The Why: These crispy chips taste good, and at 120 calories per ounce they’re lower in calories than regular chips, which have 150–160 calories per ounce. Some chip makers attempt to go low-fat by baking their products, but that’s not the case here. Popchips are made by applying heat and pressure (no oil), which is kind of interesting.

The Health Bonus: They have 1 gram of fiber per ounce; they’re not fried; and they’re all-natural. They’re flavored with heart-healthy safflower or canola oil and have no trans or saturated fat.

What We Liked Best: You get about 22 popped potato chips for 120 calories, almost double the number of fried or baked chips you’d get for the same number of calories. And most people eat by volume (the amount of food), not by weight, so these chips could help you cut down on over-consuming. The company also makes popped corn, potato and rice chips. Our tasters liked the original potato Popchips best.

What We Liked Least: They’re still 120 calories per ounce, and like any other chip or snack food they’re addictive, so watch your portions.

What It Replaces: Regular or baked chips or pretzels.

The Price: $2.50 per bag, or about $30 for a case of 12, 3.25-ounce bags.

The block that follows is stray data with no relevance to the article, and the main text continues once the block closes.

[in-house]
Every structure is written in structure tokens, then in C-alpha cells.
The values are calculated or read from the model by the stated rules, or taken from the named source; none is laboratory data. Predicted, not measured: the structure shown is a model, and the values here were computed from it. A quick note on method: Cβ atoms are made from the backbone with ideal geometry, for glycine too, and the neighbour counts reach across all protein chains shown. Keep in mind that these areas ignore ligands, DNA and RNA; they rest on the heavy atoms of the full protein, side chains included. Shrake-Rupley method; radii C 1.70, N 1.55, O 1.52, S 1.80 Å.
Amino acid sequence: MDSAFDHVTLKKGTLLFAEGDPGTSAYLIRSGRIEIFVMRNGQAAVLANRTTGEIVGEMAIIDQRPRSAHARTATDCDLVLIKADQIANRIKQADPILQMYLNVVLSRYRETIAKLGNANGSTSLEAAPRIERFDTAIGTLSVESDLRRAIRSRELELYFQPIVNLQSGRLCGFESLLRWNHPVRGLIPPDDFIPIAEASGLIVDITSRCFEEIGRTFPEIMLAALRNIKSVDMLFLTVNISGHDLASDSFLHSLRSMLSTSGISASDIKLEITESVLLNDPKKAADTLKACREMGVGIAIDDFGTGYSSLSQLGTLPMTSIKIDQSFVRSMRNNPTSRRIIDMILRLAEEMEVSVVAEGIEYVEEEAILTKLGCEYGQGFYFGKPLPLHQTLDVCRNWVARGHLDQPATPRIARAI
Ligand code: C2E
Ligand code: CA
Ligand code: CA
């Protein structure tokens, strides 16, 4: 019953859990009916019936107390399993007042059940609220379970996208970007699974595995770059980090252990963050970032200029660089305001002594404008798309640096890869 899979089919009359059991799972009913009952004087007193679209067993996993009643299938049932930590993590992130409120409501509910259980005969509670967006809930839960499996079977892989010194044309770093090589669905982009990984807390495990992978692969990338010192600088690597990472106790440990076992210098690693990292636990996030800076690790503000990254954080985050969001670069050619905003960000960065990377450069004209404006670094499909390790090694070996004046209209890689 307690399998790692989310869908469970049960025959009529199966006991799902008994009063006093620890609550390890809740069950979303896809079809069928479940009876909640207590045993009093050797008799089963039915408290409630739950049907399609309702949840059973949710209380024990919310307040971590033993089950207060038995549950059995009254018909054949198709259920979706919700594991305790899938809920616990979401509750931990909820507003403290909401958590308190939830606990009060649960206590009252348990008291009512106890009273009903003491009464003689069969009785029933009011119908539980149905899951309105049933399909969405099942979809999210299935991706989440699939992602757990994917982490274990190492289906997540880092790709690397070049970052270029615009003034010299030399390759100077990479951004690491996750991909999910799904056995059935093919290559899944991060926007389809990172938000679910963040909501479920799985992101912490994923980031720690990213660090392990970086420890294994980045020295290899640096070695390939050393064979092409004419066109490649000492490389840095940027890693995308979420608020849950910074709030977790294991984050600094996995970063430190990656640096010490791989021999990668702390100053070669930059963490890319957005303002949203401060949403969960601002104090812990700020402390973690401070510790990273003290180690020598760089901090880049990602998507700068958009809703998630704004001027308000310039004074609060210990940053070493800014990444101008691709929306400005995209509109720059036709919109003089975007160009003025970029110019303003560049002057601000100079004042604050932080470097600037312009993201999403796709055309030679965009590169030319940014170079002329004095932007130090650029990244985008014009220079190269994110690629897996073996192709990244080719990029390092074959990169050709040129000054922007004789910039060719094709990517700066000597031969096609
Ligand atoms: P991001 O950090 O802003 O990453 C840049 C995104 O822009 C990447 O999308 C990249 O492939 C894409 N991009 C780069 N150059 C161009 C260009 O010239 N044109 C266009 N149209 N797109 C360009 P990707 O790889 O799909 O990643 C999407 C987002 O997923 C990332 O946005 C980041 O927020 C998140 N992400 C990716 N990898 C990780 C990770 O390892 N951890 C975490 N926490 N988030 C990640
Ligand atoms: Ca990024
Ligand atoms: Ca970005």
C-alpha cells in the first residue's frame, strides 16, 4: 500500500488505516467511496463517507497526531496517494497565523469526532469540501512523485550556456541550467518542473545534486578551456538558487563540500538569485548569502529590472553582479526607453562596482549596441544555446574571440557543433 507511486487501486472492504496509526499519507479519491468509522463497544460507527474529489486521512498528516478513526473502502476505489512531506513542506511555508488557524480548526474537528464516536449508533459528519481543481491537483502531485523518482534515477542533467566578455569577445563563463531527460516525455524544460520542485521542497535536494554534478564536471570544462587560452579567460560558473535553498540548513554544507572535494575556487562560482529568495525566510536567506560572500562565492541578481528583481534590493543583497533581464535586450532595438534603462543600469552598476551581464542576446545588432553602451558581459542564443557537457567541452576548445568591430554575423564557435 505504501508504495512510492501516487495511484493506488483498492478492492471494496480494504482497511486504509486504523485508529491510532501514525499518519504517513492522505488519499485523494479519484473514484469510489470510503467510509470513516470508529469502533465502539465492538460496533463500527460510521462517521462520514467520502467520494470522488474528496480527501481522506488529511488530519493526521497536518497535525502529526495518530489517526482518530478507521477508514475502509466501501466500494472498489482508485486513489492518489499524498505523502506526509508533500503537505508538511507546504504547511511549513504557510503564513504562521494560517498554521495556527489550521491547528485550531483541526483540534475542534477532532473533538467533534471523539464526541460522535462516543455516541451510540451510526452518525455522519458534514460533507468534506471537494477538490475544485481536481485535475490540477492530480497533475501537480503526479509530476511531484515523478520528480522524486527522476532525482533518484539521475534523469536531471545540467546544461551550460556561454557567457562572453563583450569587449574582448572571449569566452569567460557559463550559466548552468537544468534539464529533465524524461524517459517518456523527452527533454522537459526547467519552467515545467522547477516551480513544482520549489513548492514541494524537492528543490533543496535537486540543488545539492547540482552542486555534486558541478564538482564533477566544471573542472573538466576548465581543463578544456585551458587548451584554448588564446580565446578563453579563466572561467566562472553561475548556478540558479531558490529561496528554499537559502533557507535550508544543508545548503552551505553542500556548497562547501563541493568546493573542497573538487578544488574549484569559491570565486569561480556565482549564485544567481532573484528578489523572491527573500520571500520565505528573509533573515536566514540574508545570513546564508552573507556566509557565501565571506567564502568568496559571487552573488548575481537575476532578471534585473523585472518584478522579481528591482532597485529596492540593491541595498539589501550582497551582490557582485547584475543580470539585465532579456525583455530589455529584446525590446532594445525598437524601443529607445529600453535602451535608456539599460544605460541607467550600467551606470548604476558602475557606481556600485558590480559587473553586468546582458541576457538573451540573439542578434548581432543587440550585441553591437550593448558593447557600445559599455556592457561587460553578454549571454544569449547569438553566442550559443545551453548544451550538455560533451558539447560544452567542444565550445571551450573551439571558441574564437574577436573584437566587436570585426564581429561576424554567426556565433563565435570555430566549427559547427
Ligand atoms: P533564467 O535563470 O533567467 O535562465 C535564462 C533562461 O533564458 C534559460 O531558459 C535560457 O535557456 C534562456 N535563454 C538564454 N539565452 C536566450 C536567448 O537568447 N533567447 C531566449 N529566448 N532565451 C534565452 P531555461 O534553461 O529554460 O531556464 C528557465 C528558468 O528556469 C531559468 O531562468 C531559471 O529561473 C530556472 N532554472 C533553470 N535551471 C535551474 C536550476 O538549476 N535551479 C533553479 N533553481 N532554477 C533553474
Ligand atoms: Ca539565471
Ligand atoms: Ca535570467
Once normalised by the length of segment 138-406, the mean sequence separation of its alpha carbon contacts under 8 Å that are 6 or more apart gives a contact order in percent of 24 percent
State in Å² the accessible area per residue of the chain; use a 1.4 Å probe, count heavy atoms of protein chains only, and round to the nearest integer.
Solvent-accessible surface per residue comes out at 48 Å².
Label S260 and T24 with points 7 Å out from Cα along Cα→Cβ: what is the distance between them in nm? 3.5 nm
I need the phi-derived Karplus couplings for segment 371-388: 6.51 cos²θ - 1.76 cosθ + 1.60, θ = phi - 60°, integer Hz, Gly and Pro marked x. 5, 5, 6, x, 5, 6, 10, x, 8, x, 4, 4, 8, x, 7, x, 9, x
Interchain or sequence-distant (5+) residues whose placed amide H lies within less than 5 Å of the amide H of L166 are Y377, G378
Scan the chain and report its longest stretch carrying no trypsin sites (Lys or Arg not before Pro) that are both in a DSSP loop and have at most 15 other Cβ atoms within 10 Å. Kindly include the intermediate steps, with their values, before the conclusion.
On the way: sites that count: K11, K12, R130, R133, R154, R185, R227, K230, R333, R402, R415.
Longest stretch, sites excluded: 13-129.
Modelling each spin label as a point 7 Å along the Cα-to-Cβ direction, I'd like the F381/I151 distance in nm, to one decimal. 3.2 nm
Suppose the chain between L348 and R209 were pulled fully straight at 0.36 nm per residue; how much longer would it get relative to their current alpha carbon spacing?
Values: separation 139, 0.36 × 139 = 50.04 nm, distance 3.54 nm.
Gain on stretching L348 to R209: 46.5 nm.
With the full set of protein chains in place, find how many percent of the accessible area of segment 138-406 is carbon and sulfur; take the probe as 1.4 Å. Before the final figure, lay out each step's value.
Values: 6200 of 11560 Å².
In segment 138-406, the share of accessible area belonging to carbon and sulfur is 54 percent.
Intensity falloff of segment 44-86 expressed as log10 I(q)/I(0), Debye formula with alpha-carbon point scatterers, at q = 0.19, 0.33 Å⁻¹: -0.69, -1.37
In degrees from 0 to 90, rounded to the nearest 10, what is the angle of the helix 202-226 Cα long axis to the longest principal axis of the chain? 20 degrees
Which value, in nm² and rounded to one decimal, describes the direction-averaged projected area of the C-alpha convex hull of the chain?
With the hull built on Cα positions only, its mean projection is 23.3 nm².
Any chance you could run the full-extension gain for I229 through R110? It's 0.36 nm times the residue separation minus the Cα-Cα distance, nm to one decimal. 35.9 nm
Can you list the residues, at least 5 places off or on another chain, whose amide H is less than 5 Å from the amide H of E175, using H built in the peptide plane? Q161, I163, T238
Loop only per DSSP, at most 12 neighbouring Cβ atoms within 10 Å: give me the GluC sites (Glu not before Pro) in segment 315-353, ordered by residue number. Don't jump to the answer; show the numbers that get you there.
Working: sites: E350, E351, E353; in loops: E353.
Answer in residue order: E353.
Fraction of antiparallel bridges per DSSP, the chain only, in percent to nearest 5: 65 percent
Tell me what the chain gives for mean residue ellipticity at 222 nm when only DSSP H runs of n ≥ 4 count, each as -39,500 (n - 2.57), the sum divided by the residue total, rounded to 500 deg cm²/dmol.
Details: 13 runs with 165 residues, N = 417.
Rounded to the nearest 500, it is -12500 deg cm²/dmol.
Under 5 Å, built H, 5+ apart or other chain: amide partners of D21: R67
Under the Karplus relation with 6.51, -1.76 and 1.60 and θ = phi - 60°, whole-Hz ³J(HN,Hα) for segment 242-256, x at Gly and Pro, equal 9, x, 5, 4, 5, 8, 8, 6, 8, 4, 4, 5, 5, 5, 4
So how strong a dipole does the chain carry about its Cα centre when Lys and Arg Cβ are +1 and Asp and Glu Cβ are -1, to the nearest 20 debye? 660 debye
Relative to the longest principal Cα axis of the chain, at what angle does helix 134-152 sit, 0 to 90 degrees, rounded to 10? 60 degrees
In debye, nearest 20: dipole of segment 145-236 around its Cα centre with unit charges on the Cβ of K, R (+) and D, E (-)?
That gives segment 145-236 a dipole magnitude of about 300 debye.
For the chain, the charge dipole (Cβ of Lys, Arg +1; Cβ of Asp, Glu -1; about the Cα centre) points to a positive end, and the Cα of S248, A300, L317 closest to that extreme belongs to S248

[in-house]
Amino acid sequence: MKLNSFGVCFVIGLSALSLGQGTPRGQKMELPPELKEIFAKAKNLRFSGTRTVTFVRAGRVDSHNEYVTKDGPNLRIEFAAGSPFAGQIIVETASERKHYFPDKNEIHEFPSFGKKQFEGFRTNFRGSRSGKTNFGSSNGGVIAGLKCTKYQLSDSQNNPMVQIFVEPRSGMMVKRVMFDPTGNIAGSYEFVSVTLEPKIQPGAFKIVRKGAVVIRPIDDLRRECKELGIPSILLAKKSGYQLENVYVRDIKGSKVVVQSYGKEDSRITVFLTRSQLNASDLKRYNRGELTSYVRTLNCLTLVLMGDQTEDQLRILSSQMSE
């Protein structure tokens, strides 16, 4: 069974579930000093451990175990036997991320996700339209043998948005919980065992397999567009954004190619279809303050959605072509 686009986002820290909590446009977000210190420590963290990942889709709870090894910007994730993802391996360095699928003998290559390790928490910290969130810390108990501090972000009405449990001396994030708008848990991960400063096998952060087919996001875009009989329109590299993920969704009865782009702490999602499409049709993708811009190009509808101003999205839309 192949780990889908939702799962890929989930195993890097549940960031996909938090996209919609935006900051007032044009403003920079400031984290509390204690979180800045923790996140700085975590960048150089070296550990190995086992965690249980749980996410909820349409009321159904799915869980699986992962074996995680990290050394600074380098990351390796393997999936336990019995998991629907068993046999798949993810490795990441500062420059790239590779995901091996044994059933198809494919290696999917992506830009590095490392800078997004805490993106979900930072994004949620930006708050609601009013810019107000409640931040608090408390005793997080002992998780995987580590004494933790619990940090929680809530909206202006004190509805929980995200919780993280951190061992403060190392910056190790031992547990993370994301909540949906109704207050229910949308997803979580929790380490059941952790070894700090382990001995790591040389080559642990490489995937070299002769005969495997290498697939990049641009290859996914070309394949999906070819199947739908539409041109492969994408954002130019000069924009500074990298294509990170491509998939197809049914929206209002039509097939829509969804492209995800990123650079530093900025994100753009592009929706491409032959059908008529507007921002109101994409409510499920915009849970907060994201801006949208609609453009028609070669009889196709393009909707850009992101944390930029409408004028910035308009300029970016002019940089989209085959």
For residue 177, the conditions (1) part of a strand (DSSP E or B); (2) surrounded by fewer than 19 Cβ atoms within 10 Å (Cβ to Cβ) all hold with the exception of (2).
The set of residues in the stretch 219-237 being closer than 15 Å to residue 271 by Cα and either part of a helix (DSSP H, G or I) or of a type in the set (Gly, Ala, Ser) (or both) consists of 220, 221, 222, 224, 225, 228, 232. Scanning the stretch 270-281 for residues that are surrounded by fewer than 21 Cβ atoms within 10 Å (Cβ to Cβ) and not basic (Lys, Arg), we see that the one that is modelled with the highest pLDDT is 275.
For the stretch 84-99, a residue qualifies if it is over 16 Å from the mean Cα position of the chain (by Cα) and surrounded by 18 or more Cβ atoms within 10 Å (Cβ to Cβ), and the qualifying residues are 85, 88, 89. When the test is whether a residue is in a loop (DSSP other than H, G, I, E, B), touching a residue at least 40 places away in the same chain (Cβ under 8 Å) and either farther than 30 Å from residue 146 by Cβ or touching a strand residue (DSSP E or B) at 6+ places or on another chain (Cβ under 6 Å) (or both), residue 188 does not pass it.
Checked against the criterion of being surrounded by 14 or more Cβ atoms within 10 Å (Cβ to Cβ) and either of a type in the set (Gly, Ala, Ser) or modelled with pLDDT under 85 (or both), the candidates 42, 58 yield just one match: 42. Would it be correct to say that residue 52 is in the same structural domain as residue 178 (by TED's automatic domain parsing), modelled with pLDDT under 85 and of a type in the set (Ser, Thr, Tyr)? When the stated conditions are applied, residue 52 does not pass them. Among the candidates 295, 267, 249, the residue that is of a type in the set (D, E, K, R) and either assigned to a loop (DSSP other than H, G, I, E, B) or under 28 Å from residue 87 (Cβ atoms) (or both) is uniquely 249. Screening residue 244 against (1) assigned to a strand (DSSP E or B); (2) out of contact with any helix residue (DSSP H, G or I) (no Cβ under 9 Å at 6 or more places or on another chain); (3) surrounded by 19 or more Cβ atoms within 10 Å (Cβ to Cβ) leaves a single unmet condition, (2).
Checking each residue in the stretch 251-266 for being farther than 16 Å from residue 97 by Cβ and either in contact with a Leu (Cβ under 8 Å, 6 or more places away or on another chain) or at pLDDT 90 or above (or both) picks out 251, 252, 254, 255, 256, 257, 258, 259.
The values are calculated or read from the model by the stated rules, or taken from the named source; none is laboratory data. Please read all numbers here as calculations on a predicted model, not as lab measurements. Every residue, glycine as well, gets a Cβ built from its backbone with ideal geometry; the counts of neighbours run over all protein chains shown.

Offerings: Original, Barbeque, and Parmesan Garlic Potato Chips; Sea Salt, Hint of Butter, Cheddar, and Salsa Corn Chips; and Sea Salt, and Wasabi Rice Chips.

Web Site:

Where to Buy: Popchips are now on the shelves in the salty snack aisle at all Safeway, Vons and Pavilion stores throughout the Western United States and are also available at Bristol Farms, Mollie Stone’s, Mother’s Market & Kitchen and on

Nutritional Information: Original Potato Chips, serving size 1 ounce (about 22 chips), servings per container: about three, amount per serving, calories 120, calories from fat 40, total fat 4.5g, saturated fat 0g, trans fat 0g, cholesterol 0mg, sodium 290mg, total carbs 20g, dietary fiber 1g, sugars 0g, protein 1g.

Ingredients: Natural potato ingredients (potato flour, potato starch), safflower oil and/or sunflower oil, rice flour, sea salt, soy lecithin (processing aid).

Brothers-All-Natural Freeze-Dried Fruit Crisps

The Why: They’re lower in calories than dried equivalents, have no added sugar, no preservatives and taste great. The Fuji Apple and Asian Pear crisps are about 40 calories per serving. They can even be stored in your car or bag for when you get a case of the hungries.

The Health Bonus: Two grams of fiber per bag! Plus, you get all the great health benefits of fruit (e.g., antioxidants).

What We Liked Best: The portion-controlled bags, and that there are absolutely no additives, preservatives or added sugar — just 100 percent natural fruit.